- As much as possible, refrain from using the finger until it has had a chance to heal. Additionally, buddy taping the finger to a nearby finger or using a splint to immobilize it may be helpful.
- Several times a day, apply an ice pack to the hurt finger for up to 20 minutes each time. Ice cubes might help with edoema and pain relief.
- Wrap a soft dressing or bandage snugly around the wounded finger, being careful not to squeeze it so much that the blood vessels get constricted.
- Swelling may be lessened by keeping the finger elevated over the heart.
Pain and swelling may be lessened by taking over-the-counter (OTC) painkillers such acetaminophen, ibuprofen, and naproxen.
When a finger appears to be broken or dislocated, the person should stop moving it and get help right away.
In order to ensure adequate healing and lower the chance of secondary issues, a qualified healthcare practitioner will realign the bone and immobilize the finger.
Cuts, scratches, and burns that cause finger pain frequently go away without medical intervention. Just allow the region some time to heal. You can take over-the-counter pain medications to help ease your discomfort.
The medical term for the disorder known as stenosing tenosynovitis is “trigger finger.”
When someone tries to move their finger, it may lock or catch due to inflammation of the tendon sheath at the base of the finger.
Trigger finger symptoms can include:
- Swelling and discomfort near the finger’s base
- A problem with the finger bending or straightening
- When attempting to move the finger, there is a popping or catching sensation.
- Finger rigidity
Trigger finger symptoms could be more severe right after waking up or following other prolonged periods of inactivity.
The exact aetiology of trigger finger is unknown; however certain medical disorders like diabetes and rheumatoid arthritis as well as hand injuries may enhance a person’s risk of getting it.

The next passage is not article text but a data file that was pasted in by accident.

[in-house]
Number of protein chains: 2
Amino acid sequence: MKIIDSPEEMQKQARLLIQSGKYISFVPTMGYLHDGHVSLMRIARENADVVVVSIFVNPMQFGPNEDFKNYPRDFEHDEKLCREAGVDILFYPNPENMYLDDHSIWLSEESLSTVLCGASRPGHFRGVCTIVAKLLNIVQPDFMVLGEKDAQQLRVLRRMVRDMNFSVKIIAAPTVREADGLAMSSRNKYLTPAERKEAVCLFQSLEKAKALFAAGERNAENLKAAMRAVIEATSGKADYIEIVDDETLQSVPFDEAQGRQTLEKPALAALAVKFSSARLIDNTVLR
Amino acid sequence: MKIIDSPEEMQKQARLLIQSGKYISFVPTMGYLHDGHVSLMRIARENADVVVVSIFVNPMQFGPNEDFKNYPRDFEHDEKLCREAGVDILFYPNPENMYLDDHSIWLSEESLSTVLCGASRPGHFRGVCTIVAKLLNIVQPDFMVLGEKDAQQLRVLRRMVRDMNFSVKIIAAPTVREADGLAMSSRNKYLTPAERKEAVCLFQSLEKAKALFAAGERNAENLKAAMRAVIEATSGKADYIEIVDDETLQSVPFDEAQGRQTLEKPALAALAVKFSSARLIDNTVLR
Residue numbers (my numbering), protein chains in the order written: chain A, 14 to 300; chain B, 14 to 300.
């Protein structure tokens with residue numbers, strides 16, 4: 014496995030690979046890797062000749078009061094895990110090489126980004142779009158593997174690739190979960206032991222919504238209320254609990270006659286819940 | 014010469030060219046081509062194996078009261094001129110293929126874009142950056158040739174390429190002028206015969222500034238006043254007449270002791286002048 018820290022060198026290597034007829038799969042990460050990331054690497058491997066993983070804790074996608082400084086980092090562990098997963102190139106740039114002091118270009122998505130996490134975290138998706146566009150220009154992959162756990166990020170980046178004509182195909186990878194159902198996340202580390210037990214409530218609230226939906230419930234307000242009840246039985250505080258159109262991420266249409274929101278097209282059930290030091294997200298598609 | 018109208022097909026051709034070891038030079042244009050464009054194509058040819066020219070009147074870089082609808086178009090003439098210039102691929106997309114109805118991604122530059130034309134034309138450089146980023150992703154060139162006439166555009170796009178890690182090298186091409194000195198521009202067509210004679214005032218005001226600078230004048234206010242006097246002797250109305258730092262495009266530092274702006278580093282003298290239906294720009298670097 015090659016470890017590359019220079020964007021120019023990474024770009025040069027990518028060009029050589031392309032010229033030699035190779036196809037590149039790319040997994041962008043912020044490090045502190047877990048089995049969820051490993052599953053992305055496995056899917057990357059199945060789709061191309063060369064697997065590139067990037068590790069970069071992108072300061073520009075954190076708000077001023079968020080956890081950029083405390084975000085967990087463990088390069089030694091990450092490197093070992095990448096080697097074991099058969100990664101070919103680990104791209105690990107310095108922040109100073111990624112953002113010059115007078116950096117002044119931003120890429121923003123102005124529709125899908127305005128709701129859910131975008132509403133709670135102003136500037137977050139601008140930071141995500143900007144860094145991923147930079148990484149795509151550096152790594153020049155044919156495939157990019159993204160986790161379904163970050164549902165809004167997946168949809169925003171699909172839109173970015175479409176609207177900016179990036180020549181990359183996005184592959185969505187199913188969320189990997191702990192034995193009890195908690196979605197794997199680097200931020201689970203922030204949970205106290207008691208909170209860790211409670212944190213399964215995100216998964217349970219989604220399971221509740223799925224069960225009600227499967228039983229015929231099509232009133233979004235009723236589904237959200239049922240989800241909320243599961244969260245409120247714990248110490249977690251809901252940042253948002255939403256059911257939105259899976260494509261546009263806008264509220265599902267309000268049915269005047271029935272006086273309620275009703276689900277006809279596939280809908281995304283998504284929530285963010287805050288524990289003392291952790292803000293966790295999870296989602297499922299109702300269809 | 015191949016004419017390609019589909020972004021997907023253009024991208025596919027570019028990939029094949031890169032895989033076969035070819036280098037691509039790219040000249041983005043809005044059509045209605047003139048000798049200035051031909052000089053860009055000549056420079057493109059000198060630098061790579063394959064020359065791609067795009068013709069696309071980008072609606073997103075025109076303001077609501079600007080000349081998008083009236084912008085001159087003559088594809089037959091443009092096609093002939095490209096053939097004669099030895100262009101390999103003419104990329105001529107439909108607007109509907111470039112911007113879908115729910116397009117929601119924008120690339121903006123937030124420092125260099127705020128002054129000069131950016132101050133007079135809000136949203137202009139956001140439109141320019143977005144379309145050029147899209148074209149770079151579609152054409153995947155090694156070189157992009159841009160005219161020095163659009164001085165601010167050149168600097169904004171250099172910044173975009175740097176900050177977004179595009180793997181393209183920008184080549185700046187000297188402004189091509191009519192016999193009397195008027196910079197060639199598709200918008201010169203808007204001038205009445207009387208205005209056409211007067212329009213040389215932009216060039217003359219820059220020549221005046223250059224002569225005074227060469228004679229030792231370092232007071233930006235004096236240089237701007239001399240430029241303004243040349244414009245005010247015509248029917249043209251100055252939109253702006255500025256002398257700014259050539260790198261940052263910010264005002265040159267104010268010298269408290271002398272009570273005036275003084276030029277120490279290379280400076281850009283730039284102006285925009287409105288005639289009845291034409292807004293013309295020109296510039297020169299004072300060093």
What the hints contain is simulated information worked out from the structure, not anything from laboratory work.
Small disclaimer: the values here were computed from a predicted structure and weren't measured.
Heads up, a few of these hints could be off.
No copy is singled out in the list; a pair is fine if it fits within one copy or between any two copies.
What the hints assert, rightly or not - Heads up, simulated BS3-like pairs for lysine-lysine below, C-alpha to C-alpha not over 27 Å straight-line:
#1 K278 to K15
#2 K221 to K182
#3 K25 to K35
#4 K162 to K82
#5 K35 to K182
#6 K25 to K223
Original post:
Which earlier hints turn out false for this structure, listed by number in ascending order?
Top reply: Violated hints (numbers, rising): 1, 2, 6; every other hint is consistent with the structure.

What causes trigger finger?
Your fingertips include a number of tiny bones. These bones are joined to muscles by tendons. Your tendons pull on your bones as your muscles contract or tighten to move your fingers.
The muscles and bones of your hands are connected to your forearm by long tendons known as flexor tendons. A flexor tendon sheath, which resembles a tunnel for the tendon, allows flexor tendons to slip through it. Your tendon can’t move easily if the tunnel gets too small. What happens in trigger finger is this.
The tendon irritates and swells as a result of sliding through the constricted sheath. Motion becomes quite challenging. A lump that develops as a result of inflammation may further limit motion. Your finger remains bent as a result of this. It gets quite challenging to straighten.
Trigger finger is often treated by resting and immobilizing the finger, sometimes with the aid of a splint. The doctor could also advise performing some gentle finger stretching exercises to increase mobility and lessen stiffness.
A doctor could recommend steroid injections to aid those with more severe symptoms by reducing pain and inflammation. Surgery to relieve the tendon sheath may be required if other therapies are unsuccessful.